Employee ownership has attracted attention and interest for a wide variety of reasons. Much of the interest has focused on the potential for better economic performance, particularly through enhanced motivation and commitment from employees who have a direct stake in firm performance. Strong majorities of the public believe that employee-owners work harder and pay more attention to the quality of their work than non-owners, and are more likely than outside shareholders to vote their shares in the long-term interest of the company. There have also been social arguments for employee ownership, based on its potential to broaden the distribution of wealth, decrease labor-management conflict, and enhance social cohesion and equality by distributing the fruits of economic success more widely and equitably (Gates, 1998). The idea of employee ownership has attracted support across the political spectrum, often being seen as a form of economic democracy that complements our political democracy. Along with these positive views, however, there have been many concerns expressed about employee ownership particularly that it can expose workers to excessive risk and may in some cases increase labor management conflict and lower economic performance.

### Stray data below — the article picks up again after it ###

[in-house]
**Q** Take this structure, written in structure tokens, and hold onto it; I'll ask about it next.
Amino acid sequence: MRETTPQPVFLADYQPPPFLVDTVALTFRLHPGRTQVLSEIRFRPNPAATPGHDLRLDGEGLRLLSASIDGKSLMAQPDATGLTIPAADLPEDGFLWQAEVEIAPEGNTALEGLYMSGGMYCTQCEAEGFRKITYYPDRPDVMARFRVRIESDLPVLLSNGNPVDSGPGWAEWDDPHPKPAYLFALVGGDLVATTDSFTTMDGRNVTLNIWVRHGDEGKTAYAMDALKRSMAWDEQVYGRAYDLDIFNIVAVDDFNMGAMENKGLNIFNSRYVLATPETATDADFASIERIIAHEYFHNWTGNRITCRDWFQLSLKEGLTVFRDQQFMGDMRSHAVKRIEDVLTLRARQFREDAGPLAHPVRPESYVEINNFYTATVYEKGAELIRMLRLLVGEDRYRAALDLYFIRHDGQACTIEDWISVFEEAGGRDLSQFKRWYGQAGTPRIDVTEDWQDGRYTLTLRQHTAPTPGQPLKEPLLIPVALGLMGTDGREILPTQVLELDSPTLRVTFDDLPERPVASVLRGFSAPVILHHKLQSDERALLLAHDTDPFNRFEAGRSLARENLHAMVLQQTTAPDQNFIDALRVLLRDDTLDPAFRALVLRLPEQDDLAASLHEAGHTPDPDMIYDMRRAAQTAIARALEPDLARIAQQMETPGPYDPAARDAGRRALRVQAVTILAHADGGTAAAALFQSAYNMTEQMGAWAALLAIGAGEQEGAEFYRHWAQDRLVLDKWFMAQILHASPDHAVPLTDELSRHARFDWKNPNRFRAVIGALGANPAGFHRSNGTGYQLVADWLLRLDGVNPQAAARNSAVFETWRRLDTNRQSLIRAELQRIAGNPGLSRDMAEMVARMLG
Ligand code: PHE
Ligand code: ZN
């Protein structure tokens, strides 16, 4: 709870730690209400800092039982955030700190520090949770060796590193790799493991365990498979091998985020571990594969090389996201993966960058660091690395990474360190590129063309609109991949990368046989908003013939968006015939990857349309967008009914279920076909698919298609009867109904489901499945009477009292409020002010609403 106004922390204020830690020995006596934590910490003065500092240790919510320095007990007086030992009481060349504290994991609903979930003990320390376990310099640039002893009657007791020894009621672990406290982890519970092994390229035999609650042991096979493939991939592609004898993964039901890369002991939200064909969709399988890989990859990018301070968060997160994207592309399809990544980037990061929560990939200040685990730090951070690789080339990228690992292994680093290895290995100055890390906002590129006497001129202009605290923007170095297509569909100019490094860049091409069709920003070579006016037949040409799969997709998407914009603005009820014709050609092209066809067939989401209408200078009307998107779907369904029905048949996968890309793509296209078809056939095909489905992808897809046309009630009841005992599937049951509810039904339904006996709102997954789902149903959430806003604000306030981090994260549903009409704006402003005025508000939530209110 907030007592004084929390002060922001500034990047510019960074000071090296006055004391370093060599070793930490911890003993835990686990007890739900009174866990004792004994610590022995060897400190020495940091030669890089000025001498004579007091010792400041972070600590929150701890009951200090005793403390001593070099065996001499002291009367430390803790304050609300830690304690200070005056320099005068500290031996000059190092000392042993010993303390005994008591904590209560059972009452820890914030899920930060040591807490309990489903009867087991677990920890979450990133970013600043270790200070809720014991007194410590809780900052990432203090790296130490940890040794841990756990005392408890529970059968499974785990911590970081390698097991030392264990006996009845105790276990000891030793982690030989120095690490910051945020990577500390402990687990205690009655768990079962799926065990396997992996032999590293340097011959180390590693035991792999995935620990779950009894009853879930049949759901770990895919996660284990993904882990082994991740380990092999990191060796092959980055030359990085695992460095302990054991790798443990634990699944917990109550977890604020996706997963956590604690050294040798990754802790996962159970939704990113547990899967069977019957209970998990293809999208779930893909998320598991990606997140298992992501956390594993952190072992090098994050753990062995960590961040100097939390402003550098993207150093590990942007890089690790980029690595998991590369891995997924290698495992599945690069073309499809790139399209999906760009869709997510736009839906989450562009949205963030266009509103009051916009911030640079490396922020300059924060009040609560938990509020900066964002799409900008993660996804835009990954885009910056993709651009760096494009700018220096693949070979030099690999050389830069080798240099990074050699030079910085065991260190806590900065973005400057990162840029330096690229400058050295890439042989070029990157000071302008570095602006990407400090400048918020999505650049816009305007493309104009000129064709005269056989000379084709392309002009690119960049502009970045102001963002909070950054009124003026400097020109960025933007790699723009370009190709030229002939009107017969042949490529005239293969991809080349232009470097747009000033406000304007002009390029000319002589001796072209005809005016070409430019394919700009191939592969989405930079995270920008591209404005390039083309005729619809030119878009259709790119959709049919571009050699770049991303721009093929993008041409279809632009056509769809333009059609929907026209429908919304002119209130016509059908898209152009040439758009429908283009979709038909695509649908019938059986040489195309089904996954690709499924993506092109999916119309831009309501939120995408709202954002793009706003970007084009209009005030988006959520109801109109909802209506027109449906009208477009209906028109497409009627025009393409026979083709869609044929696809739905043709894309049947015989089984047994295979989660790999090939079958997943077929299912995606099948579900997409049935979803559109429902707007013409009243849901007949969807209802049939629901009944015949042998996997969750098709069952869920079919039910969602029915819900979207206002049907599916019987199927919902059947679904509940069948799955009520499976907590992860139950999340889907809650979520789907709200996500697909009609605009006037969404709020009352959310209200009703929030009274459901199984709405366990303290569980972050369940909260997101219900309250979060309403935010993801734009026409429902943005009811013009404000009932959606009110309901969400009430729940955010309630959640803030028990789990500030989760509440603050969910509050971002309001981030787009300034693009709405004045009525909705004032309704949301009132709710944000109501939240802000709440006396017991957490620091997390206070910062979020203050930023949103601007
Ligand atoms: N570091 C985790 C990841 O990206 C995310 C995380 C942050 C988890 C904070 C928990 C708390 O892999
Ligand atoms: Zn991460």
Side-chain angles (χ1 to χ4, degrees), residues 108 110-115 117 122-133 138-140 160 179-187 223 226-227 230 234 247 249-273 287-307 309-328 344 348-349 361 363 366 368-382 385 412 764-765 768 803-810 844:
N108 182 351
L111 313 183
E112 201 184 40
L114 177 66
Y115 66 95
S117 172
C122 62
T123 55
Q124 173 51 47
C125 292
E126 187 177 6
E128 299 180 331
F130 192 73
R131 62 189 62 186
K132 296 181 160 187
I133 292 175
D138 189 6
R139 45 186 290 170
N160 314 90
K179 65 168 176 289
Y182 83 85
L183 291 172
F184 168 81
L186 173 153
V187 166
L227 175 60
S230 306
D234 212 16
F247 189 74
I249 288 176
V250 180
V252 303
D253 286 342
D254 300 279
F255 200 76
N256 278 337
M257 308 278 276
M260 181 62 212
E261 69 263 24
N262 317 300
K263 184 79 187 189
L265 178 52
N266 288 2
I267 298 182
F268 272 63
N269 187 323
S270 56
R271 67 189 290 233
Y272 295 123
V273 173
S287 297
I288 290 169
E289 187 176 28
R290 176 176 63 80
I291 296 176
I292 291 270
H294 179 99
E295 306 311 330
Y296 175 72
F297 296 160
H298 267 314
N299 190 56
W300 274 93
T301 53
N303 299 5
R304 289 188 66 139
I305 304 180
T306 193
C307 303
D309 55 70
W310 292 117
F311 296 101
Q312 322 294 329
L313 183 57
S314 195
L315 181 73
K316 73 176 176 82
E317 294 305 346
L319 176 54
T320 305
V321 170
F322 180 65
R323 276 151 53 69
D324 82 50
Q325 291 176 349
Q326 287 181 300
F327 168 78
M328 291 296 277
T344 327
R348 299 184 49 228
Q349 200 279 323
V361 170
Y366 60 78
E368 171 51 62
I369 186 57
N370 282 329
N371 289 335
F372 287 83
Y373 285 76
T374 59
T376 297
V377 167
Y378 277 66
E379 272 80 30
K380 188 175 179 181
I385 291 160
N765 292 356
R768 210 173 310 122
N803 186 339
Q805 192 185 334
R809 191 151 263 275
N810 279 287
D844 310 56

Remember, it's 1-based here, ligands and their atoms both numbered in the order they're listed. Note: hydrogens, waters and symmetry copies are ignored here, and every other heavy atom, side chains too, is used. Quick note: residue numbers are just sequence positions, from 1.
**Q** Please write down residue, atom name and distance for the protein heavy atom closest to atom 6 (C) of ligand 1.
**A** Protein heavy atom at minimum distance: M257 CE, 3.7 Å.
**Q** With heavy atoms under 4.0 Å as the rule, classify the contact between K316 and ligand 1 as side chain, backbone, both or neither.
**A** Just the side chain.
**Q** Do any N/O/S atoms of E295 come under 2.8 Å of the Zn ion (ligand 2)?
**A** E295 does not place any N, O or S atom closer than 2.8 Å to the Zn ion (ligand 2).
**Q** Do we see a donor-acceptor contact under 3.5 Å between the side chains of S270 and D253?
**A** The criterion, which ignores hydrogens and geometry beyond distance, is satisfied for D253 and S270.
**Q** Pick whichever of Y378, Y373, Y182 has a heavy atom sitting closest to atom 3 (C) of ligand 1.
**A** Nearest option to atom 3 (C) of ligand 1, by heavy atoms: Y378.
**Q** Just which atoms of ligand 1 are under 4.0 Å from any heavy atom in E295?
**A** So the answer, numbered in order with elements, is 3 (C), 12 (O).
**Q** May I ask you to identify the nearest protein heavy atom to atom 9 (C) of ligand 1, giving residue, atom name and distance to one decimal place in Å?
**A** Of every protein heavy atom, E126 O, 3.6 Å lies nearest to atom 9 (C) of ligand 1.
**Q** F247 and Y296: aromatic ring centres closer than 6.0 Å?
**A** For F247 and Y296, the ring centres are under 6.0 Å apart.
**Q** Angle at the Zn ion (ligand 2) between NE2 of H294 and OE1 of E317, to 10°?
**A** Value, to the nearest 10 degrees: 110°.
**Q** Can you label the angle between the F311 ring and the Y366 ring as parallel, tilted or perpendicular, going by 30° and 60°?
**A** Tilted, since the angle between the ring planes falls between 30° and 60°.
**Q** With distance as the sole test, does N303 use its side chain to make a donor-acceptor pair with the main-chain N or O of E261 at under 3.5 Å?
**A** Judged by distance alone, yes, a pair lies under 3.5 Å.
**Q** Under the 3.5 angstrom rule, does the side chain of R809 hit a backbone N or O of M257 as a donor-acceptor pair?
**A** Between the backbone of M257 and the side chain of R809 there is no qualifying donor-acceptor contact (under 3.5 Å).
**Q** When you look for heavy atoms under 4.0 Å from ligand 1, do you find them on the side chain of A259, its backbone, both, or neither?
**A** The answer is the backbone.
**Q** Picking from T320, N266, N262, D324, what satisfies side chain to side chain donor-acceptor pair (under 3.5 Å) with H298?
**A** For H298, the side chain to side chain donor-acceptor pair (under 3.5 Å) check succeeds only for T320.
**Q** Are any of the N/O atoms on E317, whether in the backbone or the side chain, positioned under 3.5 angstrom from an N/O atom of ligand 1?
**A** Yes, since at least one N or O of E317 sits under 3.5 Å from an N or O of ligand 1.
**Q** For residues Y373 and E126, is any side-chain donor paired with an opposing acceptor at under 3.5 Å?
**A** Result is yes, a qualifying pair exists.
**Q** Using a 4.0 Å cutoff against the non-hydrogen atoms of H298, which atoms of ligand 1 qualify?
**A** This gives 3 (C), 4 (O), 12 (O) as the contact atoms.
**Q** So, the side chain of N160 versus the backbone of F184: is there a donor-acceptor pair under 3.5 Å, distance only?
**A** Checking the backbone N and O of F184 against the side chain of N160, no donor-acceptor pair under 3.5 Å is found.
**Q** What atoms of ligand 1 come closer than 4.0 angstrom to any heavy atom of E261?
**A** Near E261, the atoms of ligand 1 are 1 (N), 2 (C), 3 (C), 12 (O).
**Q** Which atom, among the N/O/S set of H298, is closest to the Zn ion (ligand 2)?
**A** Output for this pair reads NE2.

How much employee ownership exists in the United States, and what are the lessons from the accumulated evidence? There have been over 70 empirical studies on the effects of employee ownership in the past 25 years. These can be categorized into studies of: (a) employee attitudes and behavior; (b) firm performance; (c) employment stability, growth, and firm survival; and (d) employee wealth and wages. The studies have mostly been done on samples of United States firms and employees, although several have been done on firms in other Western industrialized countries. In this testimony I will first present data on the extent of employee ownership in the United States, and then briefly summarize the results from these studies and discuss some implications for public policy.